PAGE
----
The Driver in this Racing Crash Died. She Was 15.

15 Year-Old Niokoa Johnson of Micanopy, FL died while trying to qualify for her first race at Bubba Speedway in Ocala, FL last Sunday. She lost control and hit an unprotected concrete wall, head on. She was not wearing a HANS device.

While an exact cause of death has not been released it is widely assumed that Johnson died from an injury, such as a basilar skull fracture, that a HANS device could have prevented.

News reports indicate that her race prepared Nissan Sentra had a proper roll cage and restraints, and that she had all other required safety gear.

If this is true then Johnson died from the worst kind of injury; a preventable one. It was the perfect storm of a driver with an unrestrained helmet hitting a bare concrete wall at a nearly perpendicular angle. If any one of those details were different, if Johnson were wearing a HANS device, if the track had SAFER barriers installed, if the car had impacted at an oblique angle, Johnson may well have walked away.

The thing is though, drivers only control two of those variables at best, and usually only one; the decision to wear a HANS device. However, as a 15 year old girl practicing for her first race at a local track, she may not have had control of any of it.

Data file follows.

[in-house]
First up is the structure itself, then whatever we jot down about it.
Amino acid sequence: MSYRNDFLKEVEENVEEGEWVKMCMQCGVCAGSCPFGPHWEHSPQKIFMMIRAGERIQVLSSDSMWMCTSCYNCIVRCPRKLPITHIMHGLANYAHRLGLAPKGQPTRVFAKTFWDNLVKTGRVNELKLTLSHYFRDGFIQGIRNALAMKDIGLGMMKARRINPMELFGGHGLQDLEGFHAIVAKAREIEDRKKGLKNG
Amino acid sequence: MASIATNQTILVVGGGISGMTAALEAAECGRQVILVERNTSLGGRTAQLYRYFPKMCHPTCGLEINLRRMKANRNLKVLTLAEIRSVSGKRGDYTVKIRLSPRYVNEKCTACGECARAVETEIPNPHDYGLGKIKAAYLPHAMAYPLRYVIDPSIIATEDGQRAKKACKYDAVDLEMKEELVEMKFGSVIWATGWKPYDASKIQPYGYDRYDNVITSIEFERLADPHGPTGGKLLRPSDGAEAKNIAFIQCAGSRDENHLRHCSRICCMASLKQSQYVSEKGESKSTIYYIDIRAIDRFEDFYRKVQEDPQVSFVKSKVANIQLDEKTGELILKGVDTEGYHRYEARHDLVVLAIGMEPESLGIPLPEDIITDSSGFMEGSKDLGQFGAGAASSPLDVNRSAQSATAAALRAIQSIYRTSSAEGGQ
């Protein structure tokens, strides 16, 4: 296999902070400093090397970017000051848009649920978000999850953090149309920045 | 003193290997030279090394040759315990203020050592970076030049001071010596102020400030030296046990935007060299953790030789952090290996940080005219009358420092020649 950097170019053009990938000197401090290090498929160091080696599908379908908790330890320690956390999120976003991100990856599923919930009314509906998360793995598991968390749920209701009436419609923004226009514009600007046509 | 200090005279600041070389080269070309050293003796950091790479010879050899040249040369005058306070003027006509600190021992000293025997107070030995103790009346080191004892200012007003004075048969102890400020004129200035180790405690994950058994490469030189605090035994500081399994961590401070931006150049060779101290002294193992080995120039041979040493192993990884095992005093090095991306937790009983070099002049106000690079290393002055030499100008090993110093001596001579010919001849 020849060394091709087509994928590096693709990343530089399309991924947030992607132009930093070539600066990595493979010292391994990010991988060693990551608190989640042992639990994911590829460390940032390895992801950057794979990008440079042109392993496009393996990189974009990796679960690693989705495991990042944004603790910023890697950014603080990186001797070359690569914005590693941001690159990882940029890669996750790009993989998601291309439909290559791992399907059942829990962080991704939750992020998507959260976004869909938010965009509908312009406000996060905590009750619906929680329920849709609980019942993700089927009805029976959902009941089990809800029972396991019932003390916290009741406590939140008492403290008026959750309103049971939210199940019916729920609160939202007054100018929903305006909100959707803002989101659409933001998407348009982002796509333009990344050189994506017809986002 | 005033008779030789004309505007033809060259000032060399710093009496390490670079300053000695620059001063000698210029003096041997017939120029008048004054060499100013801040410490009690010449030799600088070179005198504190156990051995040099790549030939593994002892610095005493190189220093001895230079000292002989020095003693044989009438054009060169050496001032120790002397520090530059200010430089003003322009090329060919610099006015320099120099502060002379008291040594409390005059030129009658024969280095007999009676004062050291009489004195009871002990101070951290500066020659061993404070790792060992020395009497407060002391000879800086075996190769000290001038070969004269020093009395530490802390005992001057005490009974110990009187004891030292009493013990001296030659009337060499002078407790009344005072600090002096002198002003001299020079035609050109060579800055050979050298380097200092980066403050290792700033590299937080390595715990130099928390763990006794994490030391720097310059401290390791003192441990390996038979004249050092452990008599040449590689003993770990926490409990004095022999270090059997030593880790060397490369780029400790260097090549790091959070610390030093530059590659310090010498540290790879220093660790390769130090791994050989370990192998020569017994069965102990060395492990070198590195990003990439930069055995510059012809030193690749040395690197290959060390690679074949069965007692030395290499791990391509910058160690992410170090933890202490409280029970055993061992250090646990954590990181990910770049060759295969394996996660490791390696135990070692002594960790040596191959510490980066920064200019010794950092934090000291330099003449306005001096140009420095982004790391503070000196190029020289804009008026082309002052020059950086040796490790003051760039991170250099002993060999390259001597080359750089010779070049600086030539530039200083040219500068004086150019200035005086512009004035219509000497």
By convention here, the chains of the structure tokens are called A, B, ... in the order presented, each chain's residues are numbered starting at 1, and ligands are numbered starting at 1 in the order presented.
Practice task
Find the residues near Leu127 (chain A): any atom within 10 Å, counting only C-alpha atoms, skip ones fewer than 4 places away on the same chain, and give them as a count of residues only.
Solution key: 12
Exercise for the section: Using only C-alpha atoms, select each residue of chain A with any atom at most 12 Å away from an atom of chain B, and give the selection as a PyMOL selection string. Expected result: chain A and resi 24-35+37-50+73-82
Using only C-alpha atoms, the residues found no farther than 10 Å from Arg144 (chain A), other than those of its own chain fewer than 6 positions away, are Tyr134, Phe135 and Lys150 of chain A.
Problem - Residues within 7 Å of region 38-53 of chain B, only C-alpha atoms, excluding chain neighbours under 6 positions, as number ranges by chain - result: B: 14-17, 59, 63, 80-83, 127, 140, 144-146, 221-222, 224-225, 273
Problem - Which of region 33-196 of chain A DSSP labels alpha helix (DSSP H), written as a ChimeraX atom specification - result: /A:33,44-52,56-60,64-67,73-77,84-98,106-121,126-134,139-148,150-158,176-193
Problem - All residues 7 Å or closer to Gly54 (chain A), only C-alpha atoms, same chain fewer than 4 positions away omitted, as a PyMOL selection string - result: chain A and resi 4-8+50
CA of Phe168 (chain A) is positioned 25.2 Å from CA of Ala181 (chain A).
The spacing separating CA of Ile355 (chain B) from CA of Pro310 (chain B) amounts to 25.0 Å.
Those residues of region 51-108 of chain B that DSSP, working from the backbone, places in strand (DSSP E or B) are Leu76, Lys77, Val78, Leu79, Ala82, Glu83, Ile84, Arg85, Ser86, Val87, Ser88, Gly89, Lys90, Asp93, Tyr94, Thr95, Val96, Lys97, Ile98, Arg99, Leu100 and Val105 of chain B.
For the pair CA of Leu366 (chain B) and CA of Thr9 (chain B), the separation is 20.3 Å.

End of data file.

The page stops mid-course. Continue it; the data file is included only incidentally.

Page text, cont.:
The Driver in this Racing Crash Died. She Was 15.

It's the racing equivalent of a child unnecessarily dying from an otherwise eradicated disease. We know what causes this and how to stop it from happening. There is no reason for drivers to be dying from these accidents in 2014.

As respected racing journalist Steven Cole Smith implored on Facebook in response to this crash at a track he himself has raced on- "Please, don't let people you love race without a HANS, even if it costs more than the car, even if they are racing on a little dirt track, like she was."

It should be pointed out that this goes for anybody racing a car, regardless of whether they are on an oval, a road course, or not on a race track at all.

HANS vs No HANS in Real Time

It doesn't matter if you're racing Skip Barber, NASA, a track day, or as Smith pointed out, at a little dirt track, this kind of an accident can kill you. Wear a HANS device, or don't race.

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